Being a creative sort and a young gay male, Christopher Isherwood had -- along with confrere W.H. Auden -- relocated to Berlin to get in on the action, mainly looking to expatriate himself to a climate where his own sexuality might meet with fewer social reprisals. But as a writer, he was also attuned to the culture, and fell in step with the New Objectivity. "I am a camera," he famously wrote, "With its shutter open, quite passive, recording, not thinking. ... Some day, all this will have to be developed, carefully printed, fixed."

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Jörg Immendorff, Hört auf zu malen! (Give Up Painting!), 1966


Within the context of postmodernity -- with its linchpin criteria of pluralism, hybridity, circumscription, semiotic slippage, and distanciated irony -- there is nothing inherently problematic about blue-eyed soul. Or, perhaps, discussing the misfire of a German studio-manufactured black euro-disco outfit trying to wring a dancefloor hit out of The Creation's "Painter Man."

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"The avant-garde was defeated by the changing conditions in which it had to operate. Huyssen contends that the avant-garde was either killed off by the repressive political regimes or dissolved in cultural environments like the United States where its dialectic could find no purchase. In dozens of accounts the latter is described as a process of cynically selling out, or being forced out in what financial journalism would call a hostile takeover, some voluntary or involuntary collusion with art markets and hegemonic systems of representation that belies the avant-garde's revolutionary pretensions. [. . .] The economic equation can of course also be used retroactively to discredit the avant-garde all the way back to its point of inception: now the avant-garde was never anything more than a way to generate new commodities or develop a more striking sales pitch. This critique is usually attached to analyses of the so-called culture industry. In the west this death-as-devaluation is also a by-product of the perception that the revolutionary movements with which the avant-garde has historically been linked tend inevitably to end not in utopias but in totalitarianism."
- Paul Mann, The Theory-Death of the Avant-Garde

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Joseph Beuys wasn't the only German artist to be a hot ticket item in New York at the time. In fact, interest in German art -- of both the current and early twentieth-century variety -- was in vogue in the late 1970s, resulting in what some would soon refer to as a "German Invasion." First came the arrival of high-rolling German art dealers setting up stateside satellite outposts in the city's main gallery district. Then followed a gradual invasion proper, with critics and collectors taking an advanced interest in the works of contemporary German artists. Starting with Beuys, and then followed Sigmar Polke and Georg Baselitz and Blinky Palermo and Jörg Immendorff and A.R. Penck and Anselm Kiefer and eventually Gerhard Richter, and there were plenty of others where they came from. Sure, painting was still a dubious pursuit and, yes, most of these guys were painters. But due to some twist in historico-criterial rationale, the Germans were issued a pass. Maybe it was because, in sorting through the societal rubble of postwar German culture, this generation of artists was engaging the medium in exceptional ways, turning its conventional visual syntax against itself with the driest sense of irony. Whatever the case, this newfound interest in contemporary German artists would remain a staple of the NYC uptown art boom of the 1980s.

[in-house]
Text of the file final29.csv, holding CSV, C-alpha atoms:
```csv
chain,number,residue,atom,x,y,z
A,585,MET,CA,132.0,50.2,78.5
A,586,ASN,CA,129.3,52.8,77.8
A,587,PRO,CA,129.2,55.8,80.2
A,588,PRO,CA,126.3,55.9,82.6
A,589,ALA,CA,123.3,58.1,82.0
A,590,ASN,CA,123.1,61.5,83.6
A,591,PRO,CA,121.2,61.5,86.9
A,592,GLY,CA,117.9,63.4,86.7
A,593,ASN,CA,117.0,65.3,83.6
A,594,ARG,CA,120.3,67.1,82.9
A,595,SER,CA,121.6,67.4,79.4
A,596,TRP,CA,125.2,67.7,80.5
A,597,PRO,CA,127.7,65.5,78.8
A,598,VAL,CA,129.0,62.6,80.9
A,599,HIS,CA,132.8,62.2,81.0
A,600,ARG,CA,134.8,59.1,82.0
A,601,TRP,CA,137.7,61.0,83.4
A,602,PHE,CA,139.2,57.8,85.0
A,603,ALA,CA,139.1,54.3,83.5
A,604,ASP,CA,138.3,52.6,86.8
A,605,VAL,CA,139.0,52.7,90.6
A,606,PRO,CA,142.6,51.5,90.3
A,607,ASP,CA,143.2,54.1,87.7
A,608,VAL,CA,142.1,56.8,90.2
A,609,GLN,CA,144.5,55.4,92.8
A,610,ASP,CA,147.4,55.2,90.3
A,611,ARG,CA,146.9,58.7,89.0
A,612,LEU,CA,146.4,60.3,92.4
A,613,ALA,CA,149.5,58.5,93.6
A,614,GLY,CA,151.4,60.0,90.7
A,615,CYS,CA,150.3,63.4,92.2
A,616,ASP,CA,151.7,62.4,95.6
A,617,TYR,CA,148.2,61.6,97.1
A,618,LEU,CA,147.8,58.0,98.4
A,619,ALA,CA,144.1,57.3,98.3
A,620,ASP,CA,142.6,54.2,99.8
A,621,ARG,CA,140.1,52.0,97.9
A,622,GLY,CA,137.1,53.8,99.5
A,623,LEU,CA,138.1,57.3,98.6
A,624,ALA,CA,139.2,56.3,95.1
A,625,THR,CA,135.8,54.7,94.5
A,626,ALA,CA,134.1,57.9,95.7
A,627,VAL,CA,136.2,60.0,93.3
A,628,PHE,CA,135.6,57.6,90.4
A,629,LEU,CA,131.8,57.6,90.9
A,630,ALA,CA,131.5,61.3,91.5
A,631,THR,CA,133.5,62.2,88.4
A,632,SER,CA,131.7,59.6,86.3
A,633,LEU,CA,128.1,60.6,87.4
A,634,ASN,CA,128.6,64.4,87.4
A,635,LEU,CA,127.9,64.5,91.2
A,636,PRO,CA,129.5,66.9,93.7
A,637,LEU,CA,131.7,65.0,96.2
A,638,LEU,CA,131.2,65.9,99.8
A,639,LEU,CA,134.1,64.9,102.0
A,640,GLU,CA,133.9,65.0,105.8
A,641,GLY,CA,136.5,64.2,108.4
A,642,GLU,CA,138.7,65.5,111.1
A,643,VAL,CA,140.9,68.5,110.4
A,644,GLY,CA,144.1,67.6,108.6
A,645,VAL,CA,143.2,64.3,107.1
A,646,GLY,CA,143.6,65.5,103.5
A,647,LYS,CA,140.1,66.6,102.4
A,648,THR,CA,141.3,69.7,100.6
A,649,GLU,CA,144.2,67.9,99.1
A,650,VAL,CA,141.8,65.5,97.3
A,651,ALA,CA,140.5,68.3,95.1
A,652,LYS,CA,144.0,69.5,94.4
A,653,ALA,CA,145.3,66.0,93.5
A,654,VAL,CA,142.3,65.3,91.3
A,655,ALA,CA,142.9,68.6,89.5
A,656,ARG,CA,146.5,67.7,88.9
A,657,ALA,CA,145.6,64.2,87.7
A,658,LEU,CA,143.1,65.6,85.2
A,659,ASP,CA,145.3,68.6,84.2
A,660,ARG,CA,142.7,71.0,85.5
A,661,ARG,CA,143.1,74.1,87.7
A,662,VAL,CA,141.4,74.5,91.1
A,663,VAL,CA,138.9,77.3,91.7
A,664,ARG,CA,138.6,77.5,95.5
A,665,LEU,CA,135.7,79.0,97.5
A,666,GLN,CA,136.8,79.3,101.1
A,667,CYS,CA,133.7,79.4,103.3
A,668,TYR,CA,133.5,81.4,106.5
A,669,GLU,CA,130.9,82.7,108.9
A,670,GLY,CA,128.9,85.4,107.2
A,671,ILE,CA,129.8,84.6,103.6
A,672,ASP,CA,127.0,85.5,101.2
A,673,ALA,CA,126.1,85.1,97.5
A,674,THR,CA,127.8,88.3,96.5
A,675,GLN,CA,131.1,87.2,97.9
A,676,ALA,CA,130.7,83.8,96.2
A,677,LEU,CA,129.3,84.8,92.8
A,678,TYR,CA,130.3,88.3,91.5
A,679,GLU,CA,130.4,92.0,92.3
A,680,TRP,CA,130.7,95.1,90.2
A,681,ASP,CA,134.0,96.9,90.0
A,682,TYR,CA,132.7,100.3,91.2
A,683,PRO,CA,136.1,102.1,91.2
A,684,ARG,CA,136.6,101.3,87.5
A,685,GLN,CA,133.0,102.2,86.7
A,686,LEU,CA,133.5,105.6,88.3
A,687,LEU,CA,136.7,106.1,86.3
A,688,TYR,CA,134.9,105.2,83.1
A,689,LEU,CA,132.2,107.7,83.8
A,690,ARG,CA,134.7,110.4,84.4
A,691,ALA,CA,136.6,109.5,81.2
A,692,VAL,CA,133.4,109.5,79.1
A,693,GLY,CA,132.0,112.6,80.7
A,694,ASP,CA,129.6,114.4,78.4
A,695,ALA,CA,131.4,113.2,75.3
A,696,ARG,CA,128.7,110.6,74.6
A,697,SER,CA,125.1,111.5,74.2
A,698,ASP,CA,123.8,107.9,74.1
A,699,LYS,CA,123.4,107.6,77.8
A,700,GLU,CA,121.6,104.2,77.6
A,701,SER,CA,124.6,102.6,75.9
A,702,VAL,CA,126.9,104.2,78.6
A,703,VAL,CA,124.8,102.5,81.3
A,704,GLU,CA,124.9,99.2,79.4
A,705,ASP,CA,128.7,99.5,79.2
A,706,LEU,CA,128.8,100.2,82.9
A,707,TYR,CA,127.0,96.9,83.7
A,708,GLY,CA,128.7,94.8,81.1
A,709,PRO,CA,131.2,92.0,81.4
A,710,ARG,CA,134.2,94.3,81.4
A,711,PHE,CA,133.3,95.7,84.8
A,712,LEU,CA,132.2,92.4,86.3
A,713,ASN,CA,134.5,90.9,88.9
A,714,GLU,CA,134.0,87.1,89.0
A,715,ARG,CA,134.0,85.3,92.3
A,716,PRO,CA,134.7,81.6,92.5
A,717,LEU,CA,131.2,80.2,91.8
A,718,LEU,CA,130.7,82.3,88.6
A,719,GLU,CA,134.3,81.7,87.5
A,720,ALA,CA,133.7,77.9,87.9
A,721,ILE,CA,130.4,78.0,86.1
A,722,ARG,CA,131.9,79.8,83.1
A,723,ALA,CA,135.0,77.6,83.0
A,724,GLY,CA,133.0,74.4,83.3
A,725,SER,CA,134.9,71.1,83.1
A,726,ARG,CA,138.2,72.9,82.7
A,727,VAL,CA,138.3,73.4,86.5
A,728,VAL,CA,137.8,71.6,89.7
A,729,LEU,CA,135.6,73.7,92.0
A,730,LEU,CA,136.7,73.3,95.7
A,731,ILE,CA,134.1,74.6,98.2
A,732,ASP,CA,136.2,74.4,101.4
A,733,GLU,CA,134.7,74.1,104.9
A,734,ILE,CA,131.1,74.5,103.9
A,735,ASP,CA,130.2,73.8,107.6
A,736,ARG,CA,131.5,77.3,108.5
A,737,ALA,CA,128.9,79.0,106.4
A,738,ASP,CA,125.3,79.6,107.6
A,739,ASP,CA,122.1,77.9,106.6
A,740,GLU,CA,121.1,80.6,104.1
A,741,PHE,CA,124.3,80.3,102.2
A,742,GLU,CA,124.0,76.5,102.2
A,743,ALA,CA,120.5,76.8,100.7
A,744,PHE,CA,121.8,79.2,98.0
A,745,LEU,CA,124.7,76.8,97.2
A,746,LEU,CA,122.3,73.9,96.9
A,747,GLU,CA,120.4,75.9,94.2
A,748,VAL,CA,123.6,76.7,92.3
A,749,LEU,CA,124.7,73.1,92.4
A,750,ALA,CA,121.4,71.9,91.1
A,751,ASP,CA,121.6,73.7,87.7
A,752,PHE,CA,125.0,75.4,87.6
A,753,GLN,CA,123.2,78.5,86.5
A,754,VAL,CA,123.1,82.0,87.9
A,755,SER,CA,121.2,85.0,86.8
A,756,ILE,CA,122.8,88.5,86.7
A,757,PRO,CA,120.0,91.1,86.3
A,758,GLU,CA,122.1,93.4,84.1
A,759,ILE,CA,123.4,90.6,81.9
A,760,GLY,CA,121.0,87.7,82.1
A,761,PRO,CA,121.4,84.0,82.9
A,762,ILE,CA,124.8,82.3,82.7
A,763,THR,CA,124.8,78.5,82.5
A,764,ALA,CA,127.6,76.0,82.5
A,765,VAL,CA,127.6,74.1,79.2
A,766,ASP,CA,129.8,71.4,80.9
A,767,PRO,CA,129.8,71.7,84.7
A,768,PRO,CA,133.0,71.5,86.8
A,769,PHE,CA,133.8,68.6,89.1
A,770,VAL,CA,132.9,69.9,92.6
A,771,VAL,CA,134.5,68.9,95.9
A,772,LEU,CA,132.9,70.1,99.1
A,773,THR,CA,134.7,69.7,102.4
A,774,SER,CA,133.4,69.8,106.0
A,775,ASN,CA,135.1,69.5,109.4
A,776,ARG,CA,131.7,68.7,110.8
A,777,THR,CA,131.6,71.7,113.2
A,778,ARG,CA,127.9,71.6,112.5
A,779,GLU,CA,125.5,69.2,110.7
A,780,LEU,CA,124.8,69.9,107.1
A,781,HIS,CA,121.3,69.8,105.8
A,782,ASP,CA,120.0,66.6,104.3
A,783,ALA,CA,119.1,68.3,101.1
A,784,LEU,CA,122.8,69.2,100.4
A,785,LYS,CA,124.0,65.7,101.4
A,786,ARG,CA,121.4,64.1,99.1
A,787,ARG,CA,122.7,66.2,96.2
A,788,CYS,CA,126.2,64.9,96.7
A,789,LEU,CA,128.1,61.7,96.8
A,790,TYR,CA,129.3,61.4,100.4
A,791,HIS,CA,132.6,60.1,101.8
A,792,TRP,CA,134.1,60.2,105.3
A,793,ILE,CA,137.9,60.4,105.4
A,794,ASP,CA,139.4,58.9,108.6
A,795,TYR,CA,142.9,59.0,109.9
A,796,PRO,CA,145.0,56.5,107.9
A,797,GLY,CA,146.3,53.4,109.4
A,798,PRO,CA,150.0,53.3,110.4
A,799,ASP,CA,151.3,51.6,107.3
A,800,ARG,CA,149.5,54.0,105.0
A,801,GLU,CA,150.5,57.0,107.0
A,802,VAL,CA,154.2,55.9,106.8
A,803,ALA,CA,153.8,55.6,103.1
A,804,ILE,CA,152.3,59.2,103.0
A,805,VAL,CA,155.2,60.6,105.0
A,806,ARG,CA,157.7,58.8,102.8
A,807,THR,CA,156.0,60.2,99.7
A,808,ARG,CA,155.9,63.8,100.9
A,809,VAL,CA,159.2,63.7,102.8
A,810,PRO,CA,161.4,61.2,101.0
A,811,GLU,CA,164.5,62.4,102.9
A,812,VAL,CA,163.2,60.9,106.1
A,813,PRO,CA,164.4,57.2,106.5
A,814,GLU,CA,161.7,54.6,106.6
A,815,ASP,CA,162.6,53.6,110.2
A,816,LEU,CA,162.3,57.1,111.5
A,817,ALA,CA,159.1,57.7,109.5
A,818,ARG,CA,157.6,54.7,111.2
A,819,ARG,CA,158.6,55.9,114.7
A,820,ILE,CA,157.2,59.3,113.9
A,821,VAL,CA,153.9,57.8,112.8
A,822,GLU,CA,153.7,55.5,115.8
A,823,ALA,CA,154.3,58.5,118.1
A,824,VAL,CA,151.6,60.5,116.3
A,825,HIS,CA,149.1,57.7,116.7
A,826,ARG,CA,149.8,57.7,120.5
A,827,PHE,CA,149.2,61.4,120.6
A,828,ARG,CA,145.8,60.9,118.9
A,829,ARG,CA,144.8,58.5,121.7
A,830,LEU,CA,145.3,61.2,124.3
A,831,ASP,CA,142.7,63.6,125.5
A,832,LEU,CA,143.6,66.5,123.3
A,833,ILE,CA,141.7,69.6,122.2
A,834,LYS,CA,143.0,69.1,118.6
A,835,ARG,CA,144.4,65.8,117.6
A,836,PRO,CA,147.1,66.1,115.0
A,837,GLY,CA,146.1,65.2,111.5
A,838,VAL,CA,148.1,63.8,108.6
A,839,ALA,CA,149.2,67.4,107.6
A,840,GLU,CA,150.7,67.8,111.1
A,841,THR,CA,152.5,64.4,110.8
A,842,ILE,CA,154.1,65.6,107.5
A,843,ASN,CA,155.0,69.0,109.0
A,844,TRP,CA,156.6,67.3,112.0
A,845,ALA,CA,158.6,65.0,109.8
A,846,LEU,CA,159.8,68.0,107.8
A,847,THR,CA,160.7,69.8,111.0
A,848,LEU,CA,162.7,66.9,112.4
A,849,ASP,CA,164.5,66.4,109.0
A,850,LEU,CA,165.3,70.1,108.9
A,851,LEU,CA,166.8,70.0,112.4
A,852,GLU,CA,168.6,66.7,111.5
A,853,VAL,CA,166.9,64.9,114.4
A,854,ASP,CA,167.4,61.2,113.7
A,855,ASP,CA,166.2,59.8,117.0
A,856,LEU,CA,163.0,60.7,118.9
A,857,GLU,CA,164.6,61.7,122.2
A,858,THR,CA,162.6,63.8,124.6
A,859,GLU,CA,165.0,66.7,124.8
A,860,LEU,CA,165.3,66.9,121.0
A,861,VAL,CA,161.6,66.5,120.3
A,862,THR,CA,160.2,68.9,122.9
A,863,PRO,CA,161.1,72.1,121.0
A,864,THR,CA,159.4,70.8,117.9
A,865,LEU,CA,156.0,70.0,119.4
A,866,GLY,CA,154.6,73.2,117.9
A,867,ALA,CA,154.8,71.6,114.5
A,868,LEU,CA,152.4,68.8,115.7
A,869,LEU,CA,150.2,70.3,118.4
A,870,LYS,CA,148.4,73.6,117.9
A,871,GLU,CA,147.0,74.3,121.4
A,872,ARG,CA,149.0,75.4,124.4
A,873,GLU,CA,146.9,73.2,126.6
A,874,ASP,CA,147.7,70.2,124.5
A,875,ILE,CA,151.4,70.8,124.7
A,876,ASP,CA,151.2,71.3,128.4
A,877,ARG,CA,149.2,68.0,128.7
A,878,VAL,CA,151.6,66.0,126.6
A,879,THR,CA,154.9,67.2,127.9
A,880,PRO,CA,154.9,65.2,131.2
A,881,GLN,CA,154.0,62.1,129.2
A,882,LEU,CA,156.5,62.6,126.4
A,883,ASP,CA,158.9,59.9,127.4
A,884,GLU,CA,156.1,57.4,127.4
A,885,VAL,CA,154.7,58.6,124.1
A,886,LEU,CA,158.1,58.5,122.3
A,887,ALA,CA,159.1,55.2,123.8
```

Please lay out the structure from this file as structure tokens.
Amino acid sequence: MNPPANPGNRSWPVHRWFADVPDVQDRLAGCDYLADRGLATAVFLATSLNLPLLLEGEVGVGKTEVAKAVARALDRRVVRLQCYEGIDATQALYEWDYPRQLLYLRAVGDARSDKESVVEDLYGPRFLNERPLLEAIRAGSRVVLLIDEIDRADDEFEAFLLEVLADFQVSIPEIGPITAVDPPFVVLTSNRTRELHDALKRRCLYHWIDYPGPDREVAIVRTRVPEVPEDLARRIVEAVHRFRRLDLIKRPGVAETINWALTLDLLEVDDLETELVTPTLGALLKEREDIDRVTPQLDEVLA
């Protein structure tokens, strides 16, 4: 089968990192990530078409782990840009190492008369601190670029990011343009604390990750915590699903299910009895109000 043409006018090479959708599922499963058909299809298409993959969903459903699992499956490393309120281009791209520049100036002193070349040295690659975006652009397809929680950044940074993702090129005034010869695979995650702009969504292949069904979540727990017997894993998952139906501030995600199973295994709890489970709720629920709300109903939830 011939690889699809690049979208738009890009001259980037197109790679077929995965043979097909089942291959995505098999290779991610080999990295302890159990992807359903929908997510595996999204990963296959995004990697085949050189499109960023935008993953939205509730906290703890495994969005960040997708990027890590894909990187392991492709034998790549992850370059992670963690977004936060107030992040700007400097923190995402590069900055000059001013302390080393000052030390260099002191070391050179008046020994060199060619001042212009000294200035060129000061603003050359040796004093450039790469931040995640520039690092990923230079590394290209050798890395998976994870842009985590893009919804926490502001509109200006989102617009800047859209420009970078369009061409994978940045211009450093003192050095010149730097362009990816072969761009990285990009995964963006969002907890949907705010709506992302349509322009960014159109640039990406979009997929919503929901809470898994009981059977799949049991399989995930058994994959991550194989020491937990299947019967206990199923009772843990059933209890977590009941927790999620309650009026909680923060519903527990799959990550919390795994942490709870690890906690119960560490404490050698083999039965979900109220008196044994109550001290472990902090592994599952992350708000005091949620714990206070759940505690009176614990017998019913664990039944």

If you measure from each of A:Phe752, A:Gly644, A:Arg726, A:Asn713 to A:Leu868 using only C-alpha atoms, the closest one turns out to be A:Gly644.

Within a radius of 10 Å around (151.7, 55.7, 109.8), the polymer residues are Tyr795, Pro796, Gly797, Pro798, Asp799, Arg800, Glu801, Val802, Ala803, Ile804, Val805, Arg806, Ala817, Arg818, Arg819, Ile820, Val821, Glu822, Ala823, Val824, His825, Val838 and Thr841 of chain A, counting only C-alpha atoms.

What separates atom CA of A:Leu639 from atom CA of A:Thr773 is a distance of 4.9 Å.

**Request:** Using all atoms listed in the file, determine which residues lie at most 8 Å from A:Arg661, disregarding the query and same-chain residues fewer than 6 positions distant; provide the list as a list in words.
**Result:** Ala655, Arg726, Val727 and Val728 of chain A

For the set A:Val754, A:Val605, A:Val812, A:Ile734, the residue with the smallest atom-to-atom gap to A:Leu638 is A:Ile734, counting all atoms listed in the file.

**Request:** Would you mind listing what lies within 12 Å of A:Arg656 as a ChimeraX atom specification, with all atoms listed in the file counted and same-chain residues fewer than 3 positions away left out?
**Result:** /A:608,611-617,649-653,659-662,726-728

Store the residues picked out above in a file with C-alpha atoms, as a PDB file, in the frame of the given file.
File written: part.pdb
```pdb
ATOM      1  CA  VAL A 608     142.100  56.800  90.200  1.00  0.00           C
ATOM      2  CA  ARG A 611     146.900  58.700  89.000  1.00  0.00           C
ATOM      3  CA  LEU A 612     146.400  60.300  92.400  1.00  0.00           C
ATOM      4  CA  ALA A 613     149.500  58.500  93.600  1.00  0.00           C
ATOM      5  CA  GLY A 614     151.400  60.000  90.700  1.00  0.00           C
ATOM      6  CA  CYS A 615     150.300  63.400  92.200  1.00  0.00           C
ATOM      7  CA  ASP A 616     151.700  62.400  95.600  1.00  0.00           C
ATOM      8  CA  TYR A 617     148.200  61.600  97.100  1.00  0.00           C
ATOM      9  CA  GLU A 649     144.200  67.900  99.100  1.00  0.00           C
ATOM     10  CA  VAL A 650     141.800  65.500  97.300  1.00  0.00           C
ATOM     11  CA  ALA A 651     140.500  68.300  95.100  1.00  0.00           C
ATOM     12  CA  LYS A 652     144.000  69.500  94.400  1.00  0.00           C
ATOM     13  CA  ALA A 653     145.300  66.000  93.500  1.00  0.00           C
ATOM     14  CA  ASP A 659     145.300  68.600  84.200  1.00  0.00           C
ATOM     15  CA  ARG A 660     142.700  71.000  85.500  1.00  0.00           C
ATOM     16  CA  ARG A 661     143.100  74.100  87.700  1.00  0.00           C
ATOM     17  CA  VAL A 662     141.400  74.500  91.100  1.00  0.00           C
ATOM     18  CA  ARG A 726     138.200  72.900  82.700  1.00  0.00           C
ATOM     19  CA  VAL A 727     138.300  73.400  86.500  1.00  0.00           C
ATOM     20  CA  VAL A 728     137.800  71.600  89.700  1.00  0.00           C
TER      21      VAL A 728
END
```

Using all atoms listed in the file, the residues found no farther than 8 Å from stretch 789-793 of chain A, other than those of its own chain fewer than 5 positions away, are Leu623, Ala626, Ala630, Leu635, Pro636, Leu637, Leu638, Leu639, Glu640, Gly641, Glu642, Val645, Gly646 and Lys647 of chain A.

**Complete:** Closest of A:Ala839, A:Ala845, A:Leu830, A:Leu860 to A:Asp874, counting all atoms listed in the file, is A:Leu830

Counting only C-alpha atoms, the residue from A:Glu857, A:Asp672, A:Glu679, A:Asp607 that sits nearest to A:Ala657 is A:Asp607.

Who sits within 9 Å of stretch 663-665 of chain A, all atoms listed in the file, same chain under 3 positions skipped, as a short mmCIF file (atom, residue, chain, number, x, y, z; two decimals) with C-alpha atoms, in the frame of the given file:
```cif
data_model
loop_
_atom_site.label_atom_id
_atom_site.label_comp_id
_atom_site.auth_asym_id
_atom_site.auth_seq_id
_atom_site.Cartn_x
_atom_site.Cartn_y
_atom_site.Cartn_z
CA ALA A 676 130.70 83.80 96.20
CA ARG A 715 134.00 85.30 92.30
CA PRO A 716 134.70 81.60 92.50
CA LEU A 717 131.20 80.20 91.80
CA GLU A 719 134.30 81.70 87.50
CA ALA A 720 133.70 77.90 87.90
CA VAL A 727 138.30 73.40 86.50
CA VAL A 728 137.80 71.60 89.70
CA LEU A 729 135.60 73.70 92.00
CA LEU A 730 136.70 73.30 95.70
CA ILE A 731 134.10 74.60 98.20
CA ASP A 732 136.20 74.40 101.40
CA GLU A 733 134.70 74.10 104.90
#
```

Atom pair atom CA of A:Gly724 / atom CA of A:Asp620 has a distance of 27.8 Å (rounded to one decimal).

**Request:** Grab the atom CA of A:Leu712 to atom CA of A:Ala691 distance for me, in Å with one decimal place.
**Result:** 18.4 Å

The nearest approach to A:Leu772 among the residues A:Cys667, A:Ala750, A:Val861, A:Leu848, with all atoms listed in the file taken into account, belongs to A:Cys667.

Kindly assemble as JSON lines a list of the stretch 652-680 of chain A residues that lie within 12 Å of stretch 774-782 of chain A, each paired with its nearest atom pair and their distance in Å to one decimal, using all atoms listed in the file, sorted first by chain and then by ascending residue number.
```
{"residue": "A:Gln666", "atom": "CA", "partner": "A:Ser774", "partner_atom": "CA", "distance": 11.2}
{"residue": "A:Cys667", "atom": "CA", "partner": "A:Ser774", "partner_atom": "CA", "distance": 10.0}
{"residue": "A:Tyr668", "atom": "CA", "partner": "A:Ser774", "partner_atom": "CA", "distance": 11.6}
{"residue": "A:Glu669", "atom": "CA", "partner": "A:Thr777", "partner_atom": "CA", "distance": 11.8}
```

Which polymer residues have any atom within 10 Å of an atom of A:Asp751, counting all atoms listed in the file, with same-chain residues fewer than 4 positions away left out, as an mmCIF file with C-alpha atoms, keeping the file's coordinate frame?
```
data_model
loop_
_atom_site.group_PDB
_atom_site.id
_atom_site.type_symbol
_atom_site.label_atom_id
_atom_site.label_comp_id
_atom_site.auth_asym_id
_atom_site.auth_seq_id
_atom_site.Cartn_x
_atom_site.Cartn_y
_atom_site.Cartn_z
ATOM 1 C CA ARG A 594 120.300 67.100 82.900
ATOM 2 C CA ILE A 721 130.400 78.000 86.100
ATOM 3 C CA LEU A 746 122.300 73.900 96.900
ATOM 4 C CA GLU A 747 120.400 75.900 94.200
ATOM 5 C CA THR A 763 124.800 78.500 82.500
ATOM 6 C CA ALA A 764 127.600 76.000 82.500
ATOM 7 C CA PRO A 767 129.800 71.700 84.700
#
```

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Albert Speer's German Chancellery. Berlin, 1945


Ruination would arrive much earlier than Speer or Hitler had anticipated. Along with a number of cities throughout Germany, Berlin would be obliterated by the Allied powers aerial bombing campaigns between the years of 1942 and 1945.

Economically crippled and purged of any- and everyone who had been associated with the Third Reich, the German film industry lumbered into the postwar reconstruction era with limited means and resources. What followed were a series of middling-budget dramas set in the streets and among devastation of the country's cities. The result was a short-lived form of cinematic neorealist genre/not-genre that would later come to be known as Trümmerfilme ("rubble films"). This variety of film, reputedly, would prove unpopular with German audiences, who preferred movies that could offer them an escape from their daily lives.

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Anselm Kiefer, Martin Heidegger, 1976.


At this point, I imagine there's a really profound and pertinent quote by Heidegger that I could insert here. Something connected to cultural memory and nostalgia and the role of myth in a socio-historical context. Something that might add a little more rigorously academic and metaphysical weight to this scattered and meandering spiel.

But honestly, I really don't feel like going out of my way to search for one. Because while David Bowie might not have actually been a fascist, Martin Heidegger was. So to hell with him.

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True, there was the popularity of "Autobahn," which brought the music of Kraftwerk to many people's attention. Bowie had been impressed and used Kraftwerk's music to open each show on his Station to Station tour. And there was the motorik rhythm of the Düsseldorf outfit Neu!, which can be heard echoing throughout Bowie's so-called "Berlin Trilogy." Brian Eno was quite smitten with it too, going so far in 1976 as to seek out Neu's Michael Rother (by this point working in the trio Harmonia) for the sake of recording together.